90 FEDERAL REPORTER.
judgment of this court is that the cause be remanded to the circuit court, with instructions to take such proceedings therein as will conform to this opinion.
INDIANAPOLIS GAS CO. v. CITY OF INDIANAPOLIS.
(CIrcuit Court, D. Indiana.
November 19, 1898.)
DISCOVERY IN EQUITY-POWERS OF
The power of a federal court of equity to entertain a cross bill for discovery in a suit in equity has not been abridged by any act of congress or rule of the supreme court, and is not superseded by statutory methods provided for obtaining facts in actions at law.
It is not a sufficient reason for a corporation to refuse to answer a cross bill against it for discovery that its officers and employes are made competent witnesses for either party by the federal statutes, such testimony not being the exact eqUivalent of a discovery by the corporation itself.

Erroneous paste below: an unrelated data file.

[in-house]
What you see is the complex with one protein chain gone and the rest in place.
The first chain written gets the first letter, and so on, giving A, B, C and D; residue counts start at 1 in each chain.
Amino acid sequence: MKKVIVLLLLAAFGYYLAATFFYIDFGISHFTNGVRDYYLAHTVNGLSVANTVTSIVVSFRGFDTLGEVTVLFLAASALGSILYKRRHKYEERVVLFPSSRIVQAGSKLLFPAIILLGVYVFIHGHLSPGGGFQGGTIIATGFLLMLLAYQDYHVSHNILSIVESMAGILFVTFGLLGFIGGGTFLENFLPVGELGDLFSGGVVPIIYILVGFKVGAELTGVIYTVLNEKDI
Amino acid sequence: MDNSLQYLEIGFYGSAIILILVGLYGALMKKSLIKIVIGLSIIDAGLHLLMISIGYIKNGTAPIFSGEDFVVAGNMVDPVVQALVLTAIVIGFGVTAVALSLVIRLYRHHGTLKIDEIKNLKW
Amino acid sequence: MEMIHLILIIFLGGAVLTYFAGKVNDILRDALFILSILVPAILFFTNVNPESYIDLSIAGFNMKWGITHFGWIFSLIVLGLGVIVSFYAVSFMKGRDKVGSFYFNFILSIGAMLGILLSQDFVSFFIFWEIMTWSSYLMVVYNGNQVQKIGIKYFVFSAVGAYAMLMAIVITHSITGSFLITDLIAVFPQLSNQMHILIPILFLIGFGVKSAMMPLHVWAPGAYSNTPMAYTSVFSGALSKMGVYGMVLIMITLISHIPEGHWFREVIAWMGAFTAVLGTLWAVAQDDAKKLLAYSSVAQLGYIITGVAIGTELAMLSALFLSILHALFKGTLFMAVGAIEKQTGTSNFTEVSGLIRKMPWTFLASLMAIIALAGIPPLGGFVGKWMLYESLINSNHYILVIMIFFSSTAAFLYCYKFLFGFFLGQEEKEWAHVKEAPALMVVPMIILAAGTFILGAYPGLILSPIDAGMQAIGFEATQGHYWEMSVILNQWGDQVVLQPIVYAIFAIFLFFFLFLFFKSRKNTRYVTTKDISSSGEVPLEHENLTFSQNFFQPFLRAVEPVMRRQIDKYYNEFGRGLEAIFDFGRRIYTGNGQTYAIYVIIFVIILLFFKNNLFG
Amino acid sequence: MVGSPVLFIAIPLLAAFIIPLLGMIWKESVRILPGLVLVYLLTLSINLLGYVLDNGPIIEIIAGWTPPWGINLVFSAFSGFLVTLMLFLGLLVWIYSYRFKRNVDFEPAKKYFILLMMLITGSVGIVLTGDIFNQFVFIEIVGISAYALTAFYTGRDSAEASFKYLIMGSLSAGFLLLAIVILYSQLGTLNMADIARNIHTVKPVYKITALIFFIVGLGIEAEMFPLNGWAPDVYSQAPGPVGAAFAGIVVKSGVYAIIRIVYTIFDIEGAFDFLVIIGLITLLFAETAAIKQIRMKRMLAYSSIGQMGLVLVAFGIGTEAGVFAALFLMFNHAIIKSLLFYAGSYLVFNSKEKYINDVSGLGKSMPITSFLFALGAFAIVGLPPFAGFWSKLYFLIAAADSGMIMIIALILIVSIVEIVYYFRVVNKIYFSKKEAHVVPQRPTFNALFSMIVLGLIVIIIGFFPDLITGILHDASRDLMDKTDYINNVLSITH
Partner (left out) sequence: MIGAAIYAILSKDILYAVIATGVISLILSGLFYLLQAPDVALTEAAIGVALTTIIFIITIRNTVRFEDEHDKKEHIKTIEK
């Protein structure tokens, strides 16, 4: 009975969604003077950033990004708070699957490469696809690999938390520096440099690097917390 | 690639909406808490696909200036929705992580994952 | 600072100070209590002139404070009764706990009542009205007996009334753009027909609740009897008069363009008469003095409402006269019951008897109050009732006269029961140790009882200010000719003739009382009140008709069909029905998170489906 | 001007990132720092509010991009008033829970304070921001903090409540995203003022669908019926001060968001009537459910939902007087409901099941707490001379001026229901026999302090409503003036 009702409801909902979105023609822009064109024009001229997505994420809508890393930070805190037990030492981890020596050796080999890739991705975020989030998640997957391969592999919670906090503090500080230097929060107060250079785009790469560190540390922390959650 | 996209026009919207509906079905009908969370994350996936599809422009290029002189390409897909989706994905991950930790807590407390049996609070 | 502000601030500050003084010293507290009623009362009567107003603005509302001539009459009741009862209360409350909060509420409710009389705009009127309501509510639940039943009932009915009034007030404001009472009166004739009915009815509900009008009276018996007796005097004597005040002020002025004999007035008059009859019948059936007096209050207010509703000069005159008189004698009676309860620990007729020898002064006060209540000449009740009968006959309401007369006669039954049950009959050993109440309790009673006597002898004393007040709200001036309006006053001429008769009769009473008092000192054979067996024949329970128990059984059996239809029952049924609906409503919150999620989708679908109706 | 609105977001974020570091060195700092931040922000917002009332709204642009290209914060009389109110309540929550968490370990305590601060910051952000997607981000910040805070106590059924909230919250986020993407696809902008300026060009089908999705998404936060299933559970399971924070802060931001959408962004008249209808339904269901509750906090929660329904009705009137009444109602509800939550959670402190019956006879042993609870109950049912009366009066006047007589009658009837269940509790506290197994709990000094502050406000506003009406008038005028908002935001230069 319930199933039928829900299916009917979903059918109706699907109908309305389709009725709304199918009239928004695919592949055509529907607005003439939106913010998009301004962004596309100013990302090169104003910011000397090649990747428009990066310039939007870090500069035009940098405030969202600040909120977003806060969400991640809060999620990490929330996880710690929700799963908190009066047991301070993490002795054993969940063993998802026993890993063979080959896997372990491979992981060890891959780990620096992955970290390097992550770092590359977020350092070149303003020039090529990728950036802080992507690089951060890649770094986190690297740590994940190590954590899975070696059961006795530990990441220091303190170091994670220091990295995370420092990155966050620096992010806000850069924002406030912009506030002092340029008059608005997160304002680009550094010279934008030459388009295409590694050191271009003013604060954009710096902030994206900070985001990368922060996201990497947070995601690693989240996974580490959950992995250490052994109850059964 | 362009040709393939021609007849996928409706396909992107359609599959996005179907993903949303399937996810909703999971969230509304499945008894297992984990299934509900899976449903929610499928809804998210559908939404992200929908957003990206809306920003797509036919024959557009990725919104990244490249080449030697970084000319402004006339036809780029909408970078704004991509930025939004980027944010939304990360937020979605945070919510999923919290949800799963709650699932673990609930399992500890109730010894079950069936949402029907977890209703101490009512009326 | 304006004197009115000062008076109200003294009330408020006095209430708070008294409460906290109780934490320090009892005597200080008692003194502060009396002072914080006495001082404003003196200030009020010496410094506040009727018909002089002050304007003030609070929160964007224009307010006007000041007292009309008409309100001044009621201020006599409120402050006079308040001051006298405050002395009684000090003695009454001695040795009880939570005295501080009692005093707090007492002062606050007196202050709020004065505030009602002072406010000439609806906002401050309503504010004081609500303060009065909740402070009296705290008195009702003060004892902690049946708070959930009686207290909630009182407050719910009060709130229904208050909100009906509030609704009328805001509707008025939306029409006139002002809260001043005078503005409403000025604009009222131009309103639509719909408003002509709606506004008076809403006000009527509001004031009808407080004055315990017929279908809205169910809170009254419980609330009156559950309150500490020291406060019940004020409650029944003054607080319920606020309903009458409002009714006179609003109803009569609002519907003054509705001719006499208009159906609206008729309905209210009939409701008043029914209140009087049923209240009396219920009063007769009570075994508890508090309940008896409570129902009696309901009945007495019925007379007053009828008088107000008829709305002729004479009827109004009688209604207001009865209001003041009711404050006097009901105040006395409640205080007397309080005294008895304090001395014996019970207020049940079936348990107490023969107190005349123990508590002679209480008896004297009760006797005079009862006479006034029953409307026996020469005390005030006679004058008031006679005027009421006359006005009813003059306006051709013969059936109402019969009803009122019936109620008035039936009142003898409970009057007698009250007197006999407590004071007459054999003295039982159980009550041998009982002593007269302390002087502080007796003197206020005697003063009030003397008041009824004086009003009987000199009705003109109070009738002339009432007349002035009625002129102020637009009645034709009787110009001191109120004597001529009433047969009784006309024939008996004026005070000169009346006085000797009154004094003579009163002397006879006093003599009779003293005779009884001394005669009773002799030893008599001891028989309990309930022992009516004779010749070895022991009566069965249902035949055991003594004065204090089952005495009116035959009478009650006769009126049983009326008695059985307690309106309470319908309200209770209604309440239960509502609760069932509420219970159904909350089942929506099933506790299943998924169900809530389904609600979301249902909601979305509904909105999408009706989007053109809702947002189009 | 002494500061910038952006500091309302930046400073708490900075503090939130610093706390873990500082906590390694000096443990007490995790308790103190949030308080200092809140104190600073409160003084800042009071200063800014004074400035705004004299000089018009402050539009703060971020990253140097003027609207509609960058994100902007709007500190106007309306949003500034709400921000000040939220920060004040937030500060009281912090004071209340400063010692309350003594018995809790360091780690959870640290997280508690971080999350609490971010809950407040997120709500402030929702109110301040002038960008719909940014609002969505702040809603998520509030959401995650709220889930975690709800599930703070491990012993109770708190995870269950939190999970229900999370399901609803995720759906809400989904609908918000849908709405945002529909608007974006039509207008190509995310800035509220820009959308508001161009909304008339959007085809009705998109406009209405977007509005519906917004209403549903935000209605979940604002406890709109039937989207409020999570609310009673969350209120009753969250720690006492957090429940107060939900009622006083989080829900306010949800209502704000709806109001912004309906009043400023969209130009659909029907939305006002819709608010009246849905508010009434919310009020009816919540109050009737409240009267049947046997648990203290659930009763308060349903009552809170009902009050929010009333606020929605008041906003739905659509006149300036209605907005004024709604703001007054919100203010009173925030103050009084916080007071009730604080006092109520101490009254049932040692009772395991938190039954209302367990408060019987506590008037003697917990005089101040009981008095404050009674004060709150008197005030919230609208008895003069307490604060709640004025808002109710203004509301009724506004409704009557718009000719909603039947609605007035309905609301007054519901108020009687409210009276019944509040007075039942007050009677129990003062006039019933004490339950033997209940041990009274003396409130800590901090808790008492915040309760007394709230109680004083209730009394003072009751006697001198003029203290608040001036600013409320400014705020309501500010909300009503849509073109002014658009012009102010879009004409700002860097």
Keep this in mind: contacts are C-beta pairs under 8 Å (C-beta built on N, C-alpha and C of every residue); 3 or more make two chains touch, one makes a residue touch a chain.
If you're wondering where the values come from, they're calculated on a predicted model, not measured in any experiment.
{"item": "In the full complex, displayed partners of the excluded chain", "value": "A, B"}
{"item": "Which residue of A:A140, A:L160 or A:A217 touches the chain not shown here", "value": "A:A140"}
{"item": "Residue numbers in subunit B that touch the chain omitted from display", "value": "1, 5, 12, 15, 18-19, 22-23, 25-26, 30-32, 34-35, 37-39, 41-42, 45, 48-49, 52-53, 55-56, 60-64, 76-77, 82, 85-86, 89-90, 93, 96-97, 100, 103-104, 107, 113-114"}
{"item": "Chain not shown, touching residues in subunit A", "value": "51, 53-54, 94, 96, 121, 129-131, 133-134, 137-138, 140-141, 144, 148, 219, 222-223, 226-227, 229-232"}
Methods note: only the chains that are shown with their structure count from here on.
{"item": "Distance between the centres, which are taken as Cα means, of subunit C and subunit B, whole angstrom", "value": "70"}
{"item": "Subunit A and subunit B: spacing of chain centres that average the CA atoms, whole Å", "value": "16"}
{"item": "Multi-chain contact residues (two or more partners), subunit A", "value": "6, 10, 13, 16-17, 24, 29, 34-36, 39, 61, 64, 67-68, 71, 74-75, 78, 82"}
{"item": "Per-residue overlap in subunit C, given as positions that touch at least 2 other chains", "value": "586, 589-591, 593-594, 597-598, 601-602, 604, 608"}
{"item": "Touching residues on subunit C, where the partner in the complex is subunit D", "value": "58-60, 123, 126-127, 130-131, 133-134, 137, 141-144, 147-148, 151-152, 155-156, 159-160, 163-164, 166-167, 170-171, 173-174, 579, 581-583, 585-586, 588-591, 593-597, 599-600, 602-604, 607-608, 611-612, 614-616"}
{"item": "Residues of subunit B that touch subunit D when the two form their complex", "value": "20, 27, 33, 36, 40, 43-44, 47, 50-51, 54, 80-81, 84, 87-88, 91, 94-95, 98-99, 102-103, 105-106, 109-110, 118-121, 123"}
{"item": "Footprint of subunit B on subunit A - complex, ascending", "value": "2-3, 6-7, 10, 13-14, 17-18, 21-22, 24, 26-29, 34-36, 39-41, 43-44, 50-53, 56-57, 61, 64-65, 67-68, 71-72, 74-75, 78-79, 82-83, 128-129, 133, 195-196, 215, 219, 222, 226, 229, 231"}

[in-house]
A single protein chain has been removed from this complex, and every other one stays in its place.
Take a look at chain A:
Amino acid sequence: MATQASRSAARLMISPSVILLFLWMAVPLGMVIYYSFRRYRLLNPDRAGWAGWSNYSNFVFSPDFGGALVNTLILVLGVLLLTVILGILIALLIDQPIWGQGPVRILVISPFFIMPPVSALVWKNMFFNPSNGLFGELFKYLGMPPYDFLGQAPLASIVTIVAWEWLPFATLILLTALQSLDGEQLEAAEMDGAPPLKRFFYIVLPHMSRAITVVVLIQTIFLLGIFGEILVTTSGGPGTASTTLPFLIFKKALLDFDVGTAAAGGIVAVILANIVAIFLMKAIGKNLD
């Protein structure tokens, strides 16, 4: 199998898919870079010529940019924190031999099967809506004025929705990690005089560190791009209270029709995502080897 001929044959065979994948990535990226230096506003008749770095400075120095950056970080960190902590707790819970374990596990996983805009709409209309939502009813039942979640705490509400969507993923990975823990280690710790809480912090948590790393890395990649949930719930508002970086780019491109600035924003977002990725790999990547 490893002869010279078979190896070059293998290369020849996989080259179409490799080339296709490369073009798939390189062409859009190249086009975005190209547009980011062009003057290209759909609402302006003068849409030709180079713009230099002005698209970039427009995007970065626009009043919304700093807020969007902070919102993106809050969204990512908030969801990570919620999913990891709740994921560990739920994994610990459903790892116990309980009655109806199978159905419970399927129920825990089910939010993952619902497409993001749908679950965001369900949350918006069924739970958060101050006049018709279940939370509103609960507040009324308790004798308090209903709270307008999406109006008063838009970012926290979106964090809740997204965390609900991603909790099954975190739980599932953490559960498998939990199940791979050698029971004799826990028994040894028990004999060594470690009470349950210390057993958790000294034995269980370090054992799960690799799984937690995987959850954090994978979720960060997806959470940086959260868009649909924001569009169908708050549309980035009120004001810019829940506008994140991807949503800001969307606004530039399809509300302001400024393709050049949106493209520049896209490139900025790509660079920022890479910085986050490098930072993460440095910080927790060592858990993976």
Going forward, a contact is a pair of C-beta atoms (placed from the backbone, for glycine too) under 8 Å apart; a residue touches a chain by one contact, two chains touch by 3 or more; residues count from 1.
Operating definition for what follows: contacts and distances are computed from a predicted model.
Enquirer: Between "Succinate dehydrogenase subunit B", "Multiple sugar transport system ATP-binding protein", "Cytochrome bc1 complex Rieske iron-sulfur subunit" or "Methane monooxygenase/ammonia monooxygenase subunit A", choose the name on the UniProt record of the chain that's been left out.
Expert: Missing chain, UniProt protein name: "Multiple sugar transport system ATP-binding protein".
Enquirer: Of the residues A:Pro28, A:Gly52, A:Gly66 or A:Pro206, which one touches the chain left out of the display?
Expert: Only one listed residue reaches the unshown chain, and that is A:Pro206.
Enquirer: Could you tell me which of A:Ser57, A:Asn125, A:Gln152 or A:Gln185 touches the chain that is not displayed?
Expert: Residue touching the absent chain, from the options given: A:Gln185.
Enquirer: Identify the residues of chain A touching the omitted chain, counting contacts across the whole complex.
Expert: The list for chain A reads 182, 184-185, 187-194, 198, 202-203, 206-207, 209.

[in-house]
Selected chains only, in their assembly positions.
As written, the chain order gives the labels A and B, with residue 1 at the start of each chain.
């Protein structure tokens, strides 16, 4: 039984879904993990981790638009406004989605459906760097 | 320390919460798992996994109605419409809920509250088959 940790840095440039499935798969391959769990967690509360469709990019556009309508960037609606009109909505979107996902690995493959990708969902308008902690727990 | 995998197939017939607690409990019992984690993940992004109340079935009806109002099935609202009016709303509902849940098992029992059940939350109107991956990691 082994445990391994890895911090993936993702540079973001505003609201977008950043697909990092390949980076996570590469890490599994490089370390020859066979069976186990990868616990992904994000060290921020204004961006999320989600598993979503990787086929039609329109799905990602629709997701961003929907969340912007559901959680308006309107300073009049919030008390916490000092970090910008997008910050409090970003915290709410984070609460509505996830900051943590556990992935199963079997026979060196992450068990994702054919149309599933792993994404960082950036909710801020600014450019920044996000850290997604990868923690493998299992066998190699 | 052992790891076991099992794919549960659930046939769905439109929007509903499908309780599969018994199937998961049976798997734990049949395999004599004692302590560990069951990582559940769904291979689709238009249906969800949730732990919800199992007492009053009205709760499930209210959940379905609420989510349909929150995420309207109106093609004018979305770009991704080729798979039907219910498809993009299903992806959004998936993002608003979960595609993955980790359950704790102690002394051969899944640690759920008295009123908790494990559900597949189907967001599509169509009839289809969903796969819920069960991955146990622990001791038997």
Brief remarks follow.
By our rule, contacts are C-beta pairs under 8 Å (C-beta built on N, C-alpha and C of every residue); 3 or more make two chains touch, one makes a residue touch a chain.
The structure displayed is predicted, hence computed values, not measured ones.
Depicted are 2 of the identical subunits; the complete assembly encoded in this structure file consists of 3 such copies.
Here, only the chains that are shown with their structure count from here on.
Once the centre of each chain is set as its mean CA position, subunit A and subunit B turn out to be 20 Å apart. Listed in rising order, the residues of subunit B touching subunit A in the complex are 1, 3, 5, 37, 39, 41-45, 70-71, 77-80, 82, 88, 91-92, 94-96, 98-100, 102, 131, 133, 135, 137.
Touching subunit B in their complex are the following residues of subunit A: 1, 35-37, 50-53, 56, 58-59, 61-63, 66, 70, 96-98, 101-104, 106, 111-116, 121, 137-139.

SAME-CROSS BILL AGAINST CORPORATIONS.
SAME-RIGHT OF DEFENDANT TO DISCLOSURE-MAT1'ERS GOING TO PLAINTIFF'S TITLE.
In a suit by a gas company against a city to enjoin the enforcement of an ordinance fixing the price-of gas on the ground that its effect is to take the plaintiff's property without just compensation, the plaintiff cannot refuse to answer a cross bill for discovery on the ground that the evidence called for relates to matters which it would be required to prove to establish its case, and is, therefore, evidence going to plaintiff's title, where such matters affect the question of the validity of the ordinance which constitutes defendant's title, and the validity of which is affirmed In its answer.